The NBA had also grown in national importance and from 10 to 23 teams. Wilkens told the Anchorage Times, “The biggest difference is in talent. When I came into the league [in 1960], only one team had abundant talent — the Celtics. Now just about every team has real talented ballplayers even down to the 9th or 10th guy on the roster.” Among the players who made the trip were future Hall of Famers Jack Sikma, David Thompson and Dennis Johnson, plus multiple-time All-Stars like Maurice Lucas, Larry Nance Sr., Walter Davis, Gus Williams and Phil Smith.
General admission tickets sold for between $19.50 and $28.50 (between $53 and $78 in 2021 money). Floorside seats went for $100, about $274 in 2021. Locals still complained about the pricing, but this time they paid up.
Tickets sold out in advance, admittedly for a small venue. On the night of the game, traffic snarled for 3 miles along the Glenn Highway, each car not-so-patiently waiting for its turn to enter the base. An hour before tipoff, the stands were already half full. And Seattle won, the preferred outcome for most in attendance. While insufficient parking and the single restroom slightly hampered the experience for some, the R & R Classic blew past reasonable expectations and was a complete success.
The exhibition was so successful that it inspired a bit of madness. On each seat, the promoters left a questionnaire gauging potential support for an NBA expansion team — not an exhibition game or minor-league team, but a full-time franchise based in Anchorage. The Sullivan Arena would open the following year and, unlike most new arenas, had not secured a permanent tenant. One of the promoters told the Anchorage Daily News, “If we’re going to do it at all, it would have to be done behind a statewide interest. One thought we’ve looked at is the Green Bay Packers football team. That team is actually under public ownership.”
A decade later, Juneau sports columnist Lee Stoops offered a similar proposal, using the Permanent Fund to buy the Seattle Mariners. Neither plan advanced beyond some extremely unofficial inquiries. There is a massive gulf between selling 3,850 tickets, the 1982 R & R Classic attendance, and supporting a top-tier professional team. During the 1982-1983 season, the Sonics averaged 14,000 fans a night. Meanwhile, some Northern Knights games had commenced in front of as few as 400 ticket-buyers.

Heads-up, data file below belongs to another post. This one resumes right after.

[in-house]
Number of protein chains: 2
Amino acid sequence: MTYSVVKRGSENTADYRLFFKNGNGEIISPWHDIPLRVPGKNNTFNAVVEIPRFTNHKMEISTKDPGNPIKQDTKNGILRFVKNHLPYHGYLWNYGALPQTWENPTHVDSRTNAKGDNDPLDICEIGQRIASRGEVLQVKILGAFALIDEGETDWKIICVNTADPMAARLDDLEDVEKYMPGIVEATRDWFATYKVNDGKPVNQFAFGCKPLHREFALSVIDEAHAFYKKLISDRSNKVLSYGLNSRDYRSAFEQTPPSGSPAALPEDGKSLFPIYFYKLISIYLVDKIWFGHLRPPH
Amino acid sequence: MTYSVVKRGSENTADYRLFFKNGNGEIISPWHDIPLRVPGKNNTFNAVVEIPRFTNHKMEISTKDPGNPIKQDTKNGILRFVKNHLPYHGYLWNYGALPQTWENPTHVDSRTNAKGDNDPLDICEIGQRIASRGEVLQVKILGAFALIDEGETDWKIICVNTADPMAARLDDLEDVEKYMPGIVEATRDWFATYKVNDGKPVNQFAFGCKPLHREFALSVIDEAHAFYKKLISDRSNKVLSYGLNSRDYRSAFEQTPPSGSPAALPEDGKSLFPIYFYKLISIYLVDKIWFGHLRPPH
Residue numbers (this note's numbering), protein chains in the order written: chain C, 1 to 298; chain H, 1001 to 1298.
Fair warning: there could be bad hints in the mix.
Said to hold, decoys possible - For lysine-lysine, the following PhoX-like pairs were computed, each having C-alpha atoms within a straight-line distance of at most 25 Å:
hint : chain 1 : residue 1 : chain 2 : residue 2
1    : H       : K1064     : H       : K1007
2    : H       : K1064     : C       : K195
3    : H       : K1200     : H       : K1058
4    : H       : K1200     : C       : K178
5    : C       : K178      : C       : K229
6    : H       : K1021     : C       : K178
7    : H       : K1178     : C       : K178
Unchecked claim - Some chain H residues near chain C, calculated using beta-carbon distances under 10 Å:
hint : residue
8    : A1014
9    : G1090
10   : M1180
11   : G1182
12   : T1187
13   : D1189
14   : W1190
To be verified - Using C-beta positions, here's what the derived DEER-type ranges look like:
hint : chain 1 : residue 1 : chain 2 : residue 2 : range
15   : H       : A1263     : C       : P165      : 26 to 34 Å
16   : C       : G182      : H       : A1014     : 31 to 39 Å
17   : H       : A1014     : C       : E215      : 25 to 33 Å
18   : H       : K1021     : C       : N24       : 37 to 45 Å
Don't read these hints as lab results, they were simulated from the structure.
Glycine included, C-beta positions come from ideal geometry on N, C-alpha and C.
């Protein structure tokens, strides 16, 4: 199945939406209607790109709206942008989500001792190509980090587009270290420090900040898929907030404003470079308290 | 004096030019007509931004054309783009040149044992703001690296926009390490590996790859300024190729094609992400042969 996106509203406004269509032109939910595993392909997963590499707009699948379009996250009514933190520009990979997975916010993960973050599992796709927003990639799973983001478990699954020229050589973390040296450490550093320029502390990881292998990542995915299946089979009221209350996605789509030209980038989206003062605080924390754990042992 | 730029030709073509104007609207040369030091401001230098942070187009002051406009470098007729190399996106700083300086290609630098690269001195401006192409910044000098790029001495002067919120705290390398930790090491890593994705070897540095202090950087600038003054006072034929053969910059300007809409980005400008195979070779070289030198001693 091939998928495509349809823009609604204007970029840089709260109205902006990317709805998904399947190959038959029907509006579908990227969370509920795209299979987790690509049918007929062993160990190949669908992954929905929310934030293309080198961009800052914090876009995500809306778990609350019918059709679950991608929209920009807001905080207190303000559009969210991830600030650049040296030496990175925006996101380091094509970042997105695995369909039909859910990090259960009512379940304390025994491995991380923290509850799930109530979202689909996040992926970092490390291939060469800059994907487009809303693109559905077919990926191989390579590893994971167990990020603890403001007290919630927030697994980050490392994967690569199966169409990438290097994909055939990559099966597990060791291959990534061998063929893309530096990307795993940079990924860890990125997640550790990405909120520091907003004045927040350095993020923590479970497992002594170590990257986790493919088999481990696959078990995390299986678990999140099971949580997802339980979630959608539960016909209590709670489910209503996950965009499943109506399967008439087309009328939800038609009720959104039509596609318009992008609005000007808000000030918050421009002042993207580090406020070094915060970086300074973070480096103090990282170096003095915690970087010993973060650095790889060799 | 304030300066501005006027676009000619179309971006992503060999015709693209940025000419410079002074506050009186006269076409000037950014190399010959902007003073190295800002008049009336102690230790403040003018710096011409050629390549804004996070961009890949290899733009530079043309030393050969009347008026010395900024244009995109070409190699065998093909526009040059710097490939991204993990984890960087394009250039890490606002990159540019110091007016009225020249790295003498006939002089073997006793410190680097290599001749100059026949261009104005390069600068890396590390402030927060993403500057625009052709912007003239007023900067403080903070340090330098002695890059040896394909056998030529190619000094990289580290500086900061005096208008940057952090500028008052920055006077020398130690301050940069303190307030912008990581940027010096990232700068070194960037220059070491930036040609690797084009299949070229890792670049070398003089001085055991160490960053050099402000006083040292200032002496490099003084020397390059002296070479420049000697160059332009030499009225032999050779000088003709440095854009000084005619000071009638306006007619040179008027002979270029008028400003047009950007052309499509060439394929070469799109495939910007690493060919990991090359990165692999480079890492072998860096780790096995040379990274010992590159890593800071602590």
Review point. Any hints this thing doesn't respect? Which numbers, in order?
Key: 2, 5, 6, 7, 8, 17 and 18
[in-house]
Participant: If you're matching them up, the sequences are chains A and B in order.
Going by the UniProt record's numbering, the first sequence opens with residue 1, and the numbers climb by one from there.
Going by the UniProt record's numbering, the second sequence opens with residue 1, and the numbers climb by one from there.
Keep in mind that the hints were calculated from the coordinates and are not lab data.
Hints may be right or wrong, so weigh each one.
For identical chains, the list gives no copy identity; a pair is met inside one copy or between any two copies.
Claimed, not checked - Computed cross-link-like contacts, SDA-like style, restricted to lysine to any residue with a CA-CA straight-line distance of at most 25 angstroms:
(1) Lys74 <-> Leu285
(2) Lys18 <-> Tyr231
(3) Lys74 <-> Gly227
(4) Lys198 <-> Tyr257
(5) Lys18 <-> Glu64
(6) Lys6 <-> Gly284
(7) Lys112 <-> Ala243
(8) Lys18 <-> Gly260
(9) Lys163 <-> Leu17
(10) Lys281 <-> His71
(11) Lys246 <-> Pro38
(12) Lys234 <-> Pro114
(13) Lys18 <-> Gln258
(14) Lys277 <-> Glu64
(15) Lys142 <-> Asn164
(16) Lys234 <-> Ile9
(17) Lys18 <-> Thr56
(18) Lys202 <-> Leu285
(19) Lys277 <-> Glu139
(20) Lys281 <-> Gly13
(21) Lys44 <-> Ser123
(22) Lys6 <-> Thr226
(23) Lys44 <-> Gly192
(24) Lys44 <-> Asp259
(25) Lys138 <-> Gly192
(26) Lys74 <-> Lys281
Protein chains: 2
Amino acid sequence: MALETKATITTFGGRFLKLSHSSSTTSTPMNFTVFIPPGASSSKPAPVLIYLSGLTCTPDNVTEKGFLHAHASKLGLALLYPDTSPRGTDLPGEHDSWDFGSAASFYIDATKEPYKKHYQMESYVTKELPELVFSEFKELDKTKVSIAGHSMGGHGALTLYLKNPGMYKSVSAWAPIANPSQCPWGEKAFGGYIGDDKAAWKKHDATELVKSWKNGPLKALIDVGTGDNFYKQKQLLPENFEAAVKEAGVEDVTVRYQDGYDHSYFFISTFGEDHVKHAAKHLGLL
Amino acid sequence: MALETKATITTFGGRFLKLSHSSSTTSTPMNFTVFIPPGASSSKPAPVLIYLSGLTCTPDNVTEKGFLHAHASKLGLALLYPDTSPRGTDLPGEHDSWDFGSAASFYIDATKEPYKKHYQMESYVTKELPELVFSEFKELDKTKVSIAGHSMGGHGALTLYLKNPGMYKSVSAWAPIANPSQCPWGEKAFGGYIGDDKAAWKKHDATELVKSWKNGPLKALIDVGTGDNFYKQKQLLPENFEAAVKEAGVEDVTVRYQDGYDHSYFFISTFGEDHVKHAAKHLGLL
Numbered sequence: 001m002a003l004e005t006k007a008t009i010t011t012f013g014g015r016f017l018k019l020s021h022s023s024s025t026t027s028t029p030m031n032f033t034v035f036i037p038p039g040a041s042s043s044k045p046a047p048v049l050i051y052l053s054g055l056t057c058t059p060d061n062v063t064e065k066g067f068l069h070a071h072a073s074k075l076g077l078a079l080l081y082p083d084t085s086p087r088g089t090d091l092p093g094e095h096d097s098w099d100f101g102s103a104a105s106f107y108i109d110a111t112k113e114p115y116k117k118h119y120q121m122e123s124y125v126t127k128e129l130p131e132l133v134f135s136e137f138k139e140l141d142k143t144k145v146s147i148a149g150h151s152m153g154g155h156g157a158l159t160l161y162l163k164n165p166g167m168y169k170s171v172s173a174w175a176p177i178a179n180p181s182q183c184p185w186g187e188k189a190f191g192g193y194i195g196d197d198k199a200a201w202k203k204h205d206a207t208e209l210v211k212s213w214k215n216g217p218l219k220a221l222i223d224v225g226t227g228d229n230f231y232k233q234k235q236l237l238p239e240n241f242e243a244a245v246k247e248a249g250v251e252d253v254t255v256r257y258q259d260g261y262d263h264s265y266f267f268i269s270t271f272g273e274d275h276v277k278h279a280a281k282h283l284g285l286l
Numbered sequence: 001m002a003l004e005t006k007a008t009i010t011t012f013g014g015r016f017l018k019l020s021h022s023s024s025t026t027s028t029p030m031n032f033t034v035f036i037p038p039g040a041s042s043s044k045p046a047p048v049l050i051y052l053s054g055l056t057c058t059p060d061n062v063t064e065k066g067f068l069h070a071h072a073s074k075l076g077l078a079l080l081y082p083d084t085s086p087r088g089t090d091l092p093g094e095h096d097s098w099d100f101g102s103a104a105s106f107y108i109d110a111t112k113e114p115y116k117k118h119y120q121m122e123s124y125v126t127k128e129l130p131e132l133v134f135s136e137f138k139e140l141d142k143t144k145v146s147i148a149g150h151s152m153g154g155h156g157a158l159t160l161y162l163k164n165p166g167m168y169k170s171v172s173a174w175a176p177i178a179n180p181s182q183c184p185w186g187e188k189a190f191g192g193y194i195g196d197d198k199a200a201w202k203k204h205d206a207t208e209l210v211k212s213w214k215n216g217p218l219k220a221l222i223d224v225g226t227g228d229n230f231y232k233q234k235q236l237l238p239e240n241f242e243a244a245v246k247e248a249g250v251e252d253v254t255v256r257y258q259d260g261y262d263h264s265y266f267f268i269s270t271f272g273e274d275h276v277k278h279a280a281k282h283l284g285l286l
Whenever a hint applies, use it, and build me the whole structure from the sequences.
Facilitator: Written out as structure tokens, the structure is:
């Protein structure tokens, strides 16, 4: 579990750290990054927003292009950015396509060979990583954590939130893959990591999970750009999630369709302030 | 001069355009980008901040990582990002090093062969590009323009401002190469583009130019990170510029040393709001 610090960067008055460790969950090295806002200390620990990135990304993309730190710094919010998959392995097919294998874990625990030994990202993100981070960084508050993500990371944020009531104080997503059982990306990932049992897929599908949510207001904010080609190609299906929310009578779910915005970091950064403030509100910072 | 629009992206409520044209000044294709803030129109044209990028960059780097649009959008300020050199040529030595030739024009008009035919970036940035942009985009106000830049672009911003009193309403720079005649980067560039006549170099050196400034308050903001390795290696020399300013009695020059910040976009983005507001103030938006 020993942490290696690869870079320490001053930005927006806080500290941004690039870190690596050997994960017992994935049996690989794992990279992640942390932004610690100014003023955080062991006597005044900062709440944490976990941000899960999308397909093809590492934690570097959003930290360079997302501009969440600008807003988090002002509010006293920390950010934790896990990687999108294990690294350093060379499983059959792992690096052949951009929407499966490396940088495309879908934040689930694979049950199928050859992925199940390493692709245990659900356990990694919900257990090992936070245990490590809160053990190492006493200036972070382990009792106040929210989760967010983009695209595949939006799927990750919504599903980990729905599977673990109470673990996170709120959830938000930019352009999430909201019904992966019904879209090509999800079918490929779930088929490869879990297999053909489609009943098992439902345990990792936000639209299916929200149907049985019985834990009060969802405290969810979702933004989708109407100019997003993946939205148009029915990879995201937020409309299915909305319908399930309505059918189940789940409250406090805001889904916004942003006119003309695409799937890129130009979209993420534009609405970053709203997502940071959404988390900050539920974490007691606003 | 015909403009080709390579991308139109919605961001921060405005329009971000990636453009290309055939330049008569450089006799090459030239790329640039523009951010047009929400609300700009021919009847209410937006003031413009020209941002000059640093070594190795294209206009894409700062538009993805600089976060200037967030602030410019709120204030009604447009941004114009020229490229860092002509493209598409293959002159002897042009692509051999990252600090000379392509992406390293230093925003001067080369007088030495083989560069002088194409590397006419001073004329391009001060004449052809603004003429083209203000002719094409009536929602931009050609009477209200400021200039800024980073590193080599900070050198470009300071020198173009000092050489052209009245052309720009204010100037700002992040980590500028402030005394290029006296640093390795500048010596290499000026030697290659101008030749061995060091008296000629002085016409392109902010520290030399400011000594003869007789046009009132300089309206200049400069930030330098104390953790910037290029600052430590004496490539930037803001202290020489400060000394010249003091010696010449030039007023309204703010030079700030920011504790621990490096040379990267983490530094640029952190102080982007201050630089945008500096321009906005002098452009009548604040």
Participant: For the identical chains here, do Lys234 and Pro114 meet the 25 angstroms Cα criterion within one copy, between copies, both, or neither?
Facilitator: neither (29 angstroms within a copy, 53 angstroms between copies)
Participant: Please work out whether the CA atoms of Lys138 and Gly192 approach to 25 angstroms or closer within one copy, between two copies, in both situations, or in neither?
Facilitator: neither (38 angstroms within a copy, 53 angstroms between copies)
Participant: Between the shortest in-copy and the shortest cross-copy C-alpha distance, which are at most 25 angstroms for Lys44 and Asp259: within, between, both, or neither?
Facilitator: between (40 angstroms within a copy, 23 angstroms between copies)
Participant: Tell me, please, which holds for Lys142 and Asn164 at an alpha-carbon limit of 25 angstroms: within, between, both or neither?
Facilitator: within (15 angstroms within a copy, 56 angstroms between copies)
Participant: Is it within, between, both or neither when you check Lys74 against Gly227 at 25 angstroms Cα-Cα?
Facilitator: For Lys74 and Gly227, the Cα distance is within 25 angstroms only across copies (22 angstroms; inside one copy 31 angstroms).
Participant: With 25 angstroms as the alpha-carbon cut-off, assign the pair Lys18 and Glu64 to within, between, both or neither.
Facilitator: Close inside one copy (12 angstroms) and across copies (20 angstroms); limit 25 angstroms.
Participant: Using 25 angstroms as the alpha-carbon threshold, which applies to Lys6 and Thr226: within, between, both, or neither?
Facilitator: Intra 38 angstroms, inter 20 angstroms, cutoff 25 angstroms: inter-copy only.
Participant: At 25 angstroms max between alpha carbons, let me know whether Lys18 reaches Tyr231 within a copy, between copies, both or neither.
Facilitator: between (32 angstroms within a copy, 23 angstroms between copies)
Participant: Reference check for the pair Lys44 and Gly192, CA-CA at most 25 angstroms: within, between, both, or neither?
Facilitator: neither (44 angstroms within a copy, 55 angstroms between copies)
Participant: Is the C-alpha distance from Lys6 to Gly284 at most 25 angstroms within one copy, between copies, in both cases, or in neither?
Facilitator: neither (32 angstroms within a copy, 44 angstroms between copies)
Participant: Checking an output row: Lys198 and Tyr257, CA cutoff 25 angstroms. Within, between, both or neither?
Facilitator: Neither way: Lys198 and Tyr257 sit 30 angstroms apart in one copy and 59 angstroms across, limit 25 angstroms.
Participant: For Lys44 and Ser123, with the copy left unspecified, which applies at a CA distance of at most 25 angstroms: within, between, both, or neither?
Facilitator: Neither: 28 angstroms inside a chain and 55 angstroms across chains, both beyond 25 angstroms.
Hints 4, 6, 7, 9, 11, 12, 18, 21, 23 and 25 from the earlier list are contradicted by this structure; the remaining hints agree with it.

On Oct. 11, 1983, the Sonics returned, this time facing off against the Portland Trail Blazers at the Sullivan Arena in the rebranded Godfather’s Pizza Classic. The Sonics were still led by coach Wilkens, making his third trip to Anchorage. Unfortunately, several players did not participate for a number of reasons, including Jim Paxson, David Thompson and future Hall of Famer Clyde Drexler, a rookie who had not yet signed. In addition, four-time All-Star Tom Chambers broke his hand during an in-game fight and missed the rest of the preseason.
As a game, the exhibition provided solid entertainment and another Sonics win. Beyond that were numerous warning signs. As fans arrived, only one door was open. The pedestrian traffic jam was such that many didn’t reach their seats until after the game had begun. The overwhelmed site management was the target of numerous criticisms during the Sullivan’s early years. Some of their other blunders included missing checks and running out of beer before the end of the first round of a boxing match.